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The "mass gap" is an observed deficit in the number of compact objects with mass between 2.5 and 5 solar masses. The "mass gap" is/was not understood. Such objects may be rare because they are difficult to detect or because something about the supernova process leads to a bifurcation between the most massive neutron stars and the least ...


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The duration of a gravitational wave detection is not particularly important in detecting electromagnetic counterparts, although the fact that they are not recurrent or repeating sources is. Binary systems continually emit gravitational waves, up until the time that they merge, predominantly at twice the orbital frequency. At the same time, the power emitted ...


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Just a supplement to @JamesK's excellent answer. The image below (from Caltech/MIT by way of New Sciencist) shows what was detected for one collision. On the left (at the start) the blackholes orbit one another about every 0.03 seconds, but the waveform is too faint to detect. At about 0.3 seconds on the Time axis the waves start being detectable and the ...


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We can currently only detect gravitational radiation when it is extremely intense: in the last fraction of a second. For example the first gravitational wave detection lasted less 0.15 seconds. The black holes are releasing gravitational radiation with every orbit, but that radiation is too weak for us to detect. It takes a colossal amount of energy being ...


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According to an article in the NewScientist, there is a natural size limit: When black holes at the hearts of galaxies swell to 50 billion times the mass of our sun, they may lose the discs of gas they use as cosmic feedlots. Most galaxies host a supermassive black hole at their centre. Around this is a region of space where gas settles into an orbiting ...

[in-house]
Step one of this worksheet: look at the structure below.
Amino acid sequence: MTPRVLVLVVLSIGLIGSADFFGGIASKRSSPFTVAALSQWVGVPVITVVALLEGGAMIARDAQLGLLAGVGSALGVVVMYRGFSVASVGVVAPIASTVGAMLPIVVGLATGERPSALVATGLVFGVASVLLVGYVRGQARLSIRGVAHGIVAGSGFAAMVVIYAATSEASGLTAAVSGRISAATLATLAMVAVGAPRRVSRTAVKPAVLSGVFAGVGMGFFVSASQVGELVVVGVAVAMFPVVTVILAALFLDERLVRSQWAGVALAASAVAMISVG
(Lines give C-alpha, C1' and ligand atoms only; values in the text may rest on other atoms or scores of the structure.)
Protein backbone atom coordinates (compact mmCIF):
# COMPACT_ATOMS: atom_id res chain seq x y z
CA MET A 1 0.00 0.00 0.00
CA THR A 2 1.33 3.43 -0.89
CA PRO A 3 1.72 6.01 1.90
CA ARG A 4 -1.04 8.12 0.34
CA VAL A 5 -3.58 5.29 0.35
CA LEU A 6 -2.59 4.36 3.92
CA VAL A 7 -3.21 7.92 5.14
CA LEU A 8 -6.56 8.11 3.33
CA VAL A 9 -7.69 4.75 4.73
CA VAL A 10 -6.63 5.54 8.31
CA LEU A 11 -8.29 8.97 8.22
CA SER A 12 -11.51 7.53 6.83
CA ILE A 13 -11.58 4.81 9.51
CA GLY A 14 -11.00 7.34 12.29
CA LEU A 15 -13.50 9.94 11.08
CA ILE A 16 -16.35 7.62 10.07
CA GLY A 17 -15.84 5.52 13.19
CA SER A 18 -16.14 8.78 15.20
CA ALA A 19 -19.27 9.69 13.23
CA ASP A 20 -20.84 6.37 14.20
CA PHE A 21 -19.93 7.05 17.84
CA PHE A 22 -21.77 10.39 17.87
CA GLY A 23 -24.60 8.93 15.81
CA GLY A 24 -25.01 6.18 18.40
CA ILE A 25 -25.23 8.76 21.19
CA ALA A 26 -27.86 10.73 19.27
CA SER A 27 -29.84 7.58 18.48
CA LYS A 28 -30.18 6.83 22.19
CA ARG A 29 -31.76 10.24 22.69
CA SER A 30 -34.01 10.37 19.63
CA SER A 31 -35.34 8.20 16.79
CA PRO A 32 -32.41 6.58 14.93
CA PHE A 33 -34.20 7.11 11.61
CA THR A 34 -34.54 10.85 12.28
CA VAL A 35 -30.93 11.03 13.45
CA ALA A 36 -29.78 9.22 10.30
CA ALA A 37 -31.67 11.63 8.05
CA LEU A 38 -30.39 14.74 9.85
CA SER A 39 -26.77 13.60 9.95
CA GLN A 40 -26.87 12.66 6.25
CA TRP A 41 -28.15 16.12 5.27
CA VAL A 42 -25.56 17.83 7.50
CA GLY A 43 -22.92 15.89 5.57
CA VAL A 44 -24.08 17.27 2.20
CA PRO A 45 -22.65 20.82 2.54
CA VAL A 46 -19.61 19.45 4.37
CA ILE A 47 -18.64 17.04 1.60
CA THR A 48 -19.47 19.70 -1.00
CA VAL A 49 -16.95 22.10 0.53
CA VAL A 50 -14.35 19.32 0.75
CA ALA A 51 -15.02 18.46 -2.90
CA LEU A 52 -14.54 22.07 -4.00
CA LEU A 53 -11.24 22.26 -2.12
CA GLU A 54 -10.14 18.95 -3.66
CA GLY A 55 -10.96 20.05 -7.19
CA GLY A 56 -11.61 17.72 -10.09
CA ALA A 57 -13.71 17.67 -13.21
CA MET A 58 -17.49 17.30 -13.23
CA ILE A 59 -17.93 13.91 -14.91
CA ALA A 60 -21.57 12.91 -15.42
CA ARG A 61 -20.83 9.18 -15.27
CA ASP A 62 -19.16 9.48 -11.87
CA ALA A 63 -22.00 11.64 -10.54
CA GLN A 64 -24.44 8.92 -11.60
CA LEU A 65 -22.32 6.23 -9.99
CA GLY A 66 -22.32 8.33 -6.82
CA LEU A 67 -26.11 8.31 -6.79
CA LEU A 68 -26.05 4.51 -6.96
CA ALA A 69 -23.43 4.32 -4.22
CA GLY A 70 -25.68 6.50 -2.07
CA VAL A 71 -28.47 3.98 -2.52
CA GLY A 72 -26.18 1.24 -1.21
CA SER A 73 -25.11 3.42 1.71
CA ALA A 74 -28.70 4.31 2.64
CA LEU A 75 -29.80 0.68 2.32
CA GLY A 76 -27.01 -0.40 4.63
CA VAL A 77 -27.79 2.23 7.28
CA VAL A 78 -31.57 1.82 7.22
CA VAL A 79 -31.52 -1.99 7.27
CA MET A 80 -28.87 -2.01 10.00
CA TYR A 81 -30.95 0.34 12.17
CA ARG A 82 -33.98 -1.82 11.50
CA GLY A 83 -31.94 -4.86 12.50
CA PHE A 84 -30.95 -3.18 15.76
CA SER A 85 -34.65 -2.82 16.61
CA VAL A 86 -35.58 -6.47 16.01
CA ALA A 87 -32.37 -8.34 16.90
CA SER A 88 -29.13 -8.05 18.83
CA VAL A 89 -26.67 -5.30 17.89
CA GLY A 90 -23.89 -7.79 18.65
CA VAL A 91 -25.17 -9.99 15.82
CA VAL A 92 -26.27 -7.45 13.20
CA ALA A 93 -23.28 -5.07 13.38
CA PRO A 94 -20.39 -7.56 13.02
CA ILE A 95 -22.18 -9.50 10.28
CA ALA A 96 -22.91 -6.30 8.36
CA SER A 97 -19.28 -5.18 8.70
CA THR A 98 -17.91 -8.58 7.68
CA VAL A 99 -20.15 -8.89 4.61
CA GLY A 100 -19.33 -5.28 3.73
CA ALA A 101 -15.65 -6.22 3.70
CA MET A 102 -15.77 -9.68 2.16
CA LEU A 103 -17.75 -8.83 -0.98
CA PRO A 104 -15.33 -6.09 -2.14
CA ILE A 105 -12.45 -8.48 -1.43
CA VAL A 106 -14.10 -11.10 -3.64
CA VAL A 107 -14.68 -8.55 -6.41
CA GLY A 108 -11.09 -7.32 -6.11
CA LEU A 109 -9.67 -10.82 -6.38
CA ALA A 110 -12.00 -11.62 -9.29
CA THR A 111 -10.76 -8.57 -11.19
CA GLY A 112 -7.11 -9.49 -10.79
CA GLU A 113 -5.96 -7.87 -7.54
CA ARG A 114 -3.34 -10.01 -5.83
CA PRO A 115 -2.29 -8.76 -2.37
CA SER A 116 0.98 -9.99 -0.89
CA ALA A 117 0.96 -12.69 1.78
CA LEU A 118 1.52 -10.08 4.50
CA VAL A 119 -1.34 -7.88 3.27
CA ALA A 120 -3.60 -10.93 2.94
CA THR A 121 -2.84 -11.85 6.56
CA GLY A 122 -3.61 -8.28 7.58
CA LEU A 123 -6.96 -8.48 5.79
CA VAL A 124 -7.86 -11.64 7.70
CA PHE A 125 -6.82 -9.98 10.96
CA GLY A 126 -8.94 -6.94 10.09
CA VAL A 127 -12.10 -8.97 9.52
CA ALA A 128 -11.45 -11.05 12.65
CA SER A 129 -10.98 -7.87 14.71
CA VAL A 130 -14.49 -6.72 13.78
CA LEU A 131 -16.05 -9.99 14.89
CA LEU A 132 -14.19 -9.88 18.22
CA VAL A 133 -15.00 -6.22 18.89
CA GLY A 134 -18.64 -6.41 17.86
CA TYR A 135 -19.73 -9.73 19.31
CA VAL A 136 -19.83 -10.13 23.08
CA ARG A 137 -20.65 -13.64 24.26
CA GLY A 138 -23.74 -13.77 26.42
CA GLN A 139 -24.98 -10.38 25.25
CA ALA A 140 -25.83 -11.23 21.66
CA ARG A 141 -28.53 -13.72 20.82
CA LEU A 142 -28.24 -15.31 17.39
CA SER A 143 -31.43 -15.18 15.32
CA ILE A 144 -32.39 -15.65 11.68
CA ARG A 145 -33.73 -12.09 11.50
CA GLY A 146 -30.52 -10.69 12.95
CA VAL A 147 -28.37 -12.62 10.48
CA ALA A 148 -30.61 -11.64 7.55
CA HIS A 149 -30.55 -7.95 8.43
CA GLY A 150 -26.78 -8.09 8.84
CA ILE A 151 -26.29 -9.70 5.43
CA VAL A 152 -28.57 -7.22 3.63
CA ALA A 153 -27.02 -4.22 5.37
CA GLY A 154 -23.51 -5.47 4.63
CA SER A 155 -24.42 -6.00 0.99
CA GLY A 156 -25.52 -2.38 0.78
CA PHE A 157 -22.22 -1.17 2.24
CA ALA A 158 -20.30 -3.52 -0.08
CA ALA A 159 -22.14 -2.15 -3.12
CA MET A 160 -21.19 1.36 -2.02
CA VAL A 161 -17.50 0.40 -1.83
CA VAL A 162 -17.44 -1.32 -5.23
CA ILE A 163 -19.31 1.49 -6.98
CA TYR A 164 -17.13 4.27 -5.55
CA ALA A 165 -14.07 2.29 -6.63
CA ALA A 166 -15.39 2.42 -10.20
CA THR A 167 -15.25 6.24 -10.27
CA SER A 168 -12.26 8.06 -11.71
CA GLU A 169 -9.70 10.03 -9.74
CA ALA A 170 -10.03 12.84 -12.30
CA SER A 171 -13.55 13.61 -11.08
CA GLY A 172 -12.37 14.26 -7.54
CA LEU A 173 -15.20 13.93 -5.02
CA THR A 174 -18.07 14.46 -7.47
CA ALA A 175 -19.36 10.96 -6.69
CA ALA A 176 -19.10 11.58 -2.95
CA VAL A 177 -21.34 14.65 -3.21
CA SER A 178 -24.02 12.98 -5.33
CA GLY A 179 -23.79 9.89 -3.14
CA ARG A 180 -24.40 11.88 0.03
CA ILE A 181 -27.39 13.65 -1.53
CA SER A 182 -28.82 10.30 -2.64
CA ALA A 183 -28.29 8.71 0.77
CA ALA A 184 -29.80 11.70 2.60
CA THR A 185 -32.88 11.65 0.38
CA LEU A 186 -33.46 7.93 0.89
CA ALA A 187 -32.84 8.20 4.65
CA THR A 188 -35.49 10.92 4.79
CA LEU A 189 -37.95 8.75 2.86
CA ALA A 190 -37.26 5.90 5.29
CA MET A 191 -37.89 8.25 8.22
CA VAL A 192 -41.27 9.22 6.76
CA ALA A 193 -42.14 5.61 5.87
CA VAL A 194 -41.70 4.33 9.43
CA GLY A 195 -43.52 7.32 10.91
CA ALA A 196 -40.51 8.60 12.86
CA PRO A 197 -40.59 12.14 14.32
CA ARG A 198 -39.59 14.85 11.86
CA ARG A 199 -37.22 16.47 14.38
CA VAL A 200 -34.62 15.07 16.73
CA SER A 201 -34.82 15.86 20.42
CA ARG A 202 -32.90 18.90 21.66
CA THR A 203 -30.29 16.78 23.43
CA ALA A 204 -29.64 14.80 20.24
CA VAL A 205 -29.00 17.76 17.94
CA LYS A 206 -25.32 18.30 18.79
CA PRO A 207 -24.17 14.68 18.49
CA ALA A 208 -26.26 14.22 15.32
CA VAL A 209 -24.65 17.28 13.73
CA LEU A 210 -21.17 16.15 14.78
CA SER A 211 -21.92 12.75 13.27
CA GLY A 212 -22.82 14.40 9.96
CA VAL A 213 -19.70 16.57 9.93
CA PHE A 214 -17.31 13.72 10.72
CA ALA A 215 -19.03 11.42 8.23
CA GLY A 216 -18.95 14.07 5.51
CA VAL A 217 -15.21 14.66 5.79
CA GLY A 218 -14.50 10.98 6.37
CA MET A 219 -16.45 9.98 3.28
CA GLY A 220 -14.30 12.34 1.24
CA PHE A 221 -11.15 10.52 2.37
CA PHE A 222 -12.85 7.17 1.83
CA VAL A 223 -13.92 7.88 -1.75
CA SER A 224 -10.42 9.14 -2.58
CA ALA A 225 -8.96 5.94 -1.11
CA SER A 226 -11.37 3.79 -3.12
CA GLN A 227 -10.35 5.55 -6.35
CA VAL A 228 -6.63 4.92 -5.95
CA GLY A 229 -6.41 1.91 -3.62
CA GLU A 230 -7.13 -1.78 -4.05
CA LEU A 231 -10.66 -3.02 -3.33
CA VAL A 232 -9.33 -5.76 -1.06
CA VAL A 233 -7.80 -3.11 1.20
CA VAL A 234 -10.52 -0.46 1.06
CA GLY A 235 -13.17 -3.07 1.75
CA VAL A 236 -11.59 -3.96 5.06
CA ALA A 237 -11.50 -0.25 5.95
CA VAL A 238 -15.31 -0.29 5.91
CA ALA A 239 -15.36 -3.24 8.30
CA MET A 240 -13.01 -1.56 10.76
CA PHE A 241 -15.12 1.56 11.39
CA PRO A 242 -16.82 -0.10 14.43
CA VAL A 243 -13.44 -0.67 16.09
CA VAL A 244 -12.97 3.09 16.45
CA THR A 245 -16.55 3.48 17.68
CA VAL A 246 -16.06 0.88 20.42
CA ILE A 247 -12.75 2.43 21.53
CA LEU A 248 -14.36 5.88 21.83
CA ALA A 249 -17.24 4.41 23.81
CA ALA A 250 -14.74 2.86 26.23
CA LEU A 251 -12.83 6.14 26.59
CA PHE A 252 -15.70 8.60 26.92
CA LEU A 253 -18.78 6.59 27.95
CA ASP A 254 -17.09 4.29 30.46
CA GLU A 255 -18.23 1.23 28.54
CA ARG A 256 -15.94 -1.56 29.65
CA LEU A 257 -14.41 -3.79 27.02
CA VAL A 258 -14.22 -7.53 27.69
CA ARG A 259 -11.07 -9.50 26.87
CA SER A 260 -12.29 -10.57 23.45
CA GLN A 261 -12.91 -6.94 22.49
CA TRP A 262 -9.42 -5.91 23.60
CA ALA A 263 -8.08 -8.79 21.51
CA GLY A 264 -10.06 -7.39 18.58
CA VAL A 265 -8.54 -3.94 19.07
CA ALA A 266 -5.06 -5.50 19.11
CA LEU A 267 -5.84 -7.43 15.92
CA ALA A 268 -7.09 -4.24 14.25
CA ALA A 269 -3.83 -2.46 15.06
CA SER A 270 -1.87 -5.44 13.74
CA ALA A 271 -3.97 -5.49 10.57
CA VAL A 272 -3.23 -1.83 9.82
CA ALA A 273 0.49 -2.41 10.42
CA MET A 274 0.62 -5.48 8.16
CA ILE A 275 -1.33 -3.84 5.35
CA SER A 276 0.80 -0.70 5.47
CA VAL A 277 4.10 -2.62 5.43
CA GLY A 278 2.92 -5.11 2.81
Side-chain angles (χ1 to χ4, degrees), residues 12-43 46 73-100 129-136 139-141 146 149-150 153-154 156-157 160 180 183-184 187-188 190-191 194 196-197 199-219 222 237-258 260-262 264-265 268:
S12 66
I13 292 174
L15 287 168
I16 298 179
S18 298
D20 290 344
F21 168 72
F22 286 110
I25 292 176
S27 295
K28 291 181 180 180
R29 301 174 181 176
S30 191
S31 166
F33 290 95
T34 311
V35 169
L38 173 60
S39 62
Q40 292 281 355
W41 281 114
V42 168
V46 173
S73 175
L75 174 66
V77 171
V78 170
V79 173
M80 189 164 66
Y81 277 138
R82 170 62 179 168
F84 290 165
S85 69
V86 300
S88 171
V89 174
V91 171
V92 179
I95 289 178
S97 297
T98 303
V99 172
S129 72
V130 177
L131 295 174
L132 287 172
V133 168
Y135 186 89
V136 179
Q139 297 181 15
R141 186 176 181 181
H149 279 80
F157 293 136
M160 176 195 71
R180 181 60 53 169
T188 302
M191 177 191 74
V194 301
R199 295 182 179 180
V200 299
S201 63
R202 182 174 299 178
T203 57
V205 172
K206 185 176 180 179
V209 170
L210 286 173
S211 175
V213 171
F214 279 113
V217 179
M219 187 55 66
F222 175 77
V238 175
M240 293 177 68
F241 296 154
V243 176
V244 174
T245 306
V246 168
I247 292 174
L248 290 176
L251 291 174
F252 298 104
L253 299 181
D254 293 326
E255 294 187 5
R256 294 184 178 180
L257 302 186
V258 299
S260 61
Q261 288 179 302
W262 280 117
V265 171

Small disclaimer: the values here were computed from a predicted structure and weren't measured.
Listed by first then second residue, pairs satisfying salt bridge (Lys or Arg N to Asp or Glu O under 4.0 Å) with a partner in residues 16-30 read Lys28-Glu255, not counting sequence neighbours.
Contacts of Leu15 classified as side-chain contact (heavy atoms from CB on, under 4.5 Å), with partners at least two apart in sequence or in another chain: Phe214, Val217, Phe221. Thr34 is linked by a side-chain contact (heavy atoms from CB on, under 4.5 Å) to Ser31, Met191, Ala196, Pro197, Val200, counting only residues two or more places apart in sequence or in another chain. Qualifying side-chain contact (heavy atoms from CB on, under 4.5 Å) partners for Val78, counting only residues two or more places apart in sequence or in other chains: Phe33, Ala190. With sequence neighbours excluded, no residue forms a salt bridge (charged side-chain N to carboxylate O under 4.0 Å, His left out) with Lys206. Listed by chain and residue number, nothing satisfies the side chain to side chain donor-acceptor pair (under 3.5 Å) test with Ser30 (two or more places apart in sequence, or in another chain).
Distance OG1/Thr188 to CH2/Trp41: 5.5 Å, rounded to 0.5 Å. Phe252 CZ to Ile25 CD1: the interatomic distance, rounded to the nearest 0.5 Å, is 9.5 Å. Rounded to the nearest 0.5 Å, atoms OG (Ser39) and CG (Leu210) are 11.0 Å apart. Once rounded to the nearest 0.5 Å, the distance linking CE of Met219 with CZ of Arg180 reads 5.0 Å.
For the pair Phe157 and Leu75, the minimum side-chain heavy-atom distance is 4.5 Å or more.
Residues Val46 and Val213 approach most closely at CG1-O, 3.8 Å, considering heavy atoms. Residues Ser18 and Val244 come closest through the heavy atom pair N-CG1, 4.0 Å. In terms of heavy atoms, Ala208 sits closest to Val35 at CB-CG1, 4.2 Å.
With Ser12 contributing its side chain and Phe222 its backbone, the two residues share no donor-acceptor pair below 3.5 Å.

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Not enough to worry about. Most neutrinos we detect on Earth come from the sun. The black hole at the centre of the galaxy is not so close to a star as the Earth is so you would expect the neutrino flux to be lower than on Earth, let's assume it is similar: about 10¹¹ neutrinos per cm² per second. But each neutrino is light, even including its kinetic ...


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You are essentially asking the following: if someone falls from the Earth from some way beyond the event horizon of a black hole, how long after they have left can an observer on Earth still signal to them with a light beam? The answer of course depends on exactly how far the Earth is from the black hole. It is also often forgotten that it is not just light ...


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